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State of the Hogs:
When talk starts about the class Arkansas signed on Wednesday, most of it concerns running backs Peyton Hillis and Korey Sutton, quarterback Alex Mortensen and or defensive linemen Fred Bledsoe, Ernest Mitchell, Michael Tate, Marcus Harrison and Fred Barnett. That's some big-time talent.
Or, perhaps it will focus on the late tug of war that Arkansas won for Bledsoe with Tennessee and Oklahoma State, or the one for Marc Winston with Florida. That's a feel-good ending to the recruiting season.
All of that is significant. But it's not what I was contemplating as Houston Nutt showed the videotape of his new class in the team film room to the assembled media and invited friends on Wednesday. I wanted to know who might fill Batman Carroll's spot as the top cover corner? Who will man all of those backfield-type spots in Dave Wommack's multiple defenses? Did they sign enough defensive backs to even give Bobby Allen enough bodies?
The UA staff always knew it would have to focus on filling secondary needs for this class because of the seniors on last fall's team. However, when Carroll and Lawrence Richardson declared for the NFL draft after their junior years last month, the need for defensive backs became critical.
"We play at least five DBs in half of our packages," said Wommack, the Hogs' defensive coordinator. "And in some of our packages, we play as many as six or seven DBs. We lost nine and almost all played a lot. That's not just all of the starters, but in most cases, second teamers, too. We just don't have a lot coming back on scholarship that play in the secondary and hardly any of those have any experience."
Along with Carroll and Richardson, the Hogs lost seniors Tony Bua, Jimarr Gallon, Eddie Jackson, Marvin Jackson, Bo Mosley, Jimmy Beasley. Willie Hordge, who redshirted, also was lost on an eligibility issue.
It's easier to name those that return. Lerinezo Robinson, Vickiel Vaughn, Michael Coe, Chris Houston, Kevin Woods and John Jackson are the ones coming back on scholarship who spent time with Allen, the secondary coach. They got few snaps in scrimmage situations although Robinson, Vaughn, Coe and Jackson played a lot on special teams. Houston and Woods redshirted and worked with the scout team.
That means the numbers will be really low in the spring, so low it might affect some things the defense can do as far as schemes. Wommack hopes to steal John Johnson, a backup tailback with exceptional speed, for a look at corner. He'll ask to keep John Jackson in the secondary fulltime after giving him up for outside linebacker when depth problems arose late last season.
"I really am excited to see what guys like Robinson can do at free safety with the full reigns," Wommack said. "And I know that guys like Vaughn and Coe can play. We like Houston and Woods, too. I think Jackson looked good at corner the year before so we are excited about him, too. I look forward to seeing what Johnson might can do on defense because of his athletic ability."
Dealing with low numbers in the spring has been a constant since Wommack arrived at Arkansas. So many of the DBs have doubled in track. Also, there have been injuries that have kept plenty out, too.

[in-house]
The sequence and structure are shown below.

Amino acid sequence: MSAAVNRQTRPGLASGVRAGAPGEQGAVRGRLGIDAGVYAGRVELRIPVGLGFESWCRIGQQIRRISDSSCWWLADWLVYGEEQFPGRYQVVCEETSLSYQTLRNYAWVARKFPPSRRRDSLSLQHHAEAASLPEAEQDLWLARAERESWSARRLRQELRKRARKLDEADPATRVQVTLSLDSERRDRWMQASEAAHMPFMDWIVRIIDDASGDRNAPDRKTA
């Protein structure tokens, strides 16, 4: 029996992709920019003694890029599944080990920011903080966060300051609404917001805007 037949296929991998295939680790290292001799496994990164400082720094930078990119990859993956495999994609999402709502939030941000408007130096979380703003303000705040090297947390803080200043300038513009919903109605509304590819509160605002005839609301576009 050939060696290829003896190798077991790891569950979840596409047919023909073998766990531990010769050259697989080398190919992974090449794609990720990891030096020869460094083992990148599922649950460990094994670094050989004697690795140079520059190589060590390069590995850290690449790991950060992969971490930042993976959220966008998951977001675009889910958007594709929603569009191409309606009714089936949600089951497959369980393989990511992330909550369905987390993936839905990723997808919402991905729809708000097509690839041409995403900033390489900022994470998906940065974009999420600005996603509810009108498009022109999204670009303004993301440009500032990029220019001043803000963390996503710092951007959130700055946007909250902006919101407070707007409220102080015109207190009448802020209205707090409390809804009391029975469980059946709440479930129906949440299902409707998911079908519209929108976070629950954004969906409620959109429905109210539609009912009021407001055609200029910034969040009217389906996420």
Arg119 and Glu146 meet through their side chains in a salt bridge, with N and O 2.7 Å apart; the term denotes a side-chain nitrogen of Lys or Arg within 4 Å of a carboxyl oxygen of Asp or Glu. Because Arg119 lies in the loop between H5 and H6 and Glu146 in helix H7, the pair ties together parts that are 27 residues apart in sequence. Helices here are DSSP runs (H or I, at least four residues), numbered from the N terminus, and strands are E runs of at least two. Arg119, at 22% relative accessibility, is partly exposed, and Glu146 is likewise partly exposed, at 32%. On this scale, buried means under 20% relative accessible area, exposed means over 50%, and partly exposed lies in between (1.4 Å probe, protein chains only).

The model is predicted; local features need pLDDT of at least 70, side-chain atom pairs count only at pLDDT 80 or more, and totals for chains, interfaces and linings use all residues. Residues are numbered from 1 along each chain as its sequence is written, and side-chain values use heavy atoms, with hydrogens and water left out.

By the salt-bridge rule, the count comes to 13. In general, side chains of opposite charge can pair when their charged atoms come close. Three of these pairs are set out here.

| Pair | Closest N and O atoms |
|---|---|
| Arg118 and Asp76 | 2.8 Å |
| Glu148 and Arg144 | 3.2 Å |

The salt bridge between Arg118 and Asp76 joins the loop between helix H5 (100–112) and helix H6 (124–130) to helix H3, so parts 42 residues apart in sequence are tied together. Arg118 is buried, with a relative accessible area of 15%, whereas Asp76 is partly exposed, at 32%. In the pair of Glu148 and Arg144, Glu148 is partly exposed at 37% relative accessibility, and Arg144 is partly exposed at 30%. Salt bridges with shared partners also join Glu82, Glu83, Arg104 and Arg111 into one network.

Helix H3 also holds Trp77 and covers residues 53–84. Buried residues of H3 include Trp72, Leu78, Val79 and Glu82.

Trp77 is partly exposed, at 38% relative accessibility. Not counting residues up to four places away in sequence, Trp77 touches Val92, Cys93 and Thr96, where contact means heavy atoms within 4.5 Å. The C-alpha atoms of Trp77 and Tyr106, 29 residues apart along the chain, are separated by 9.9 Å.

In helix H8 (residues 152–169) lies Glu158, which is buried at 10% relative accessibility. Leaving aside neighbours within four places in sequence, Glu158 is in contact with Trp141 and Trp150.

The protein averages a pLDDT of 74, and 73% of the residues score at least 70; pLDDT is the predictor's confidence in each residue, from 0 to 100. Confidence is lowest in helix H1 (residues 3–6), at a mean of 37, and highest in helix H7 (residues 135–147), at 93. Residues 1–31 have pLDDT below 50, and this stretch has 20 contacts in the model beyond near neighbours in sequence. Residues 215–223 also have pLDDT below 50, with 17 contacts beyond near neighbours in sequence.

"Last year, we had five out because of track and injuries," Wommack said. "What you knew then, though, was that guys like Tony, Bat, Marvin and Eddie had played a lot and knew they would be okay when you got them back in the fall. We don't know that this year. We like the ability of the new guys, but they just don't have any experience."
That brings us to the newest of the new names destined to get a quick look in the secondary; those introduced as new Hogs on Wednesday. There's Rick Culbert, Shedrick Johnson, Randy Kelly, Cedric Logan, Matterral Richardson, Darius Vinnett, Dallas Washington, Desmond Williams, Woody Wilson and D'Nerian Wrighter. Several in that group were prep quarterbacks or wideouts, but the Hogs' needs dictate that they will probably go to defense in a hurry.
"Dallas, Shedrick, Rick and Woody were quarterbacks," Allen said. "You see their athletic ability and their productivity when the ball is in their hands, and you like their chances of handling pressure situations. That's what I look for, along with character, speed and if they will hit. I think all of these guys will strike you and that's important. I'll also say that they all appear to have great ball skills like a Marvin Jackson. They can go get the ball."
But can they play in September? There may not be any choice.
"I couldn't be more excited about this group," Allen said. "We think we got what we wanted. But it isn't going to matter now. They will play by default. For sure, some will be second teamers and some may even start in some of our packages. I'd say for sure some will end up on special teams. We had to restock and I think we did."
Wommack feels good, but he notes that the position that's toughest to evaluate is the secondary.
"A lot of the time you don't see them play in the secondary because they play so much offense," Wommack said. "Even when they do spend all of their time in the secondary, films are bad. The picture starts out tight and you can't even see the corners and safeties until the play is about done. How do you know for sure? You go see them, but how can you see them enough? You can't."
Does this mean the Hogs will scale back what they've been doing on defense?
"No, we'll still be multiple," Wommack said. "We'll get there. We may have to simplify things in the spring and start slow in the fall, but we'll get there. We'll start with a foundation, teach it to the ones we've got this spring and add to it in the fall when we get the new ones."
Any way you figure, this sounds like Arkansas fans will have to learn to match numbers to a whole new batch of names real soon.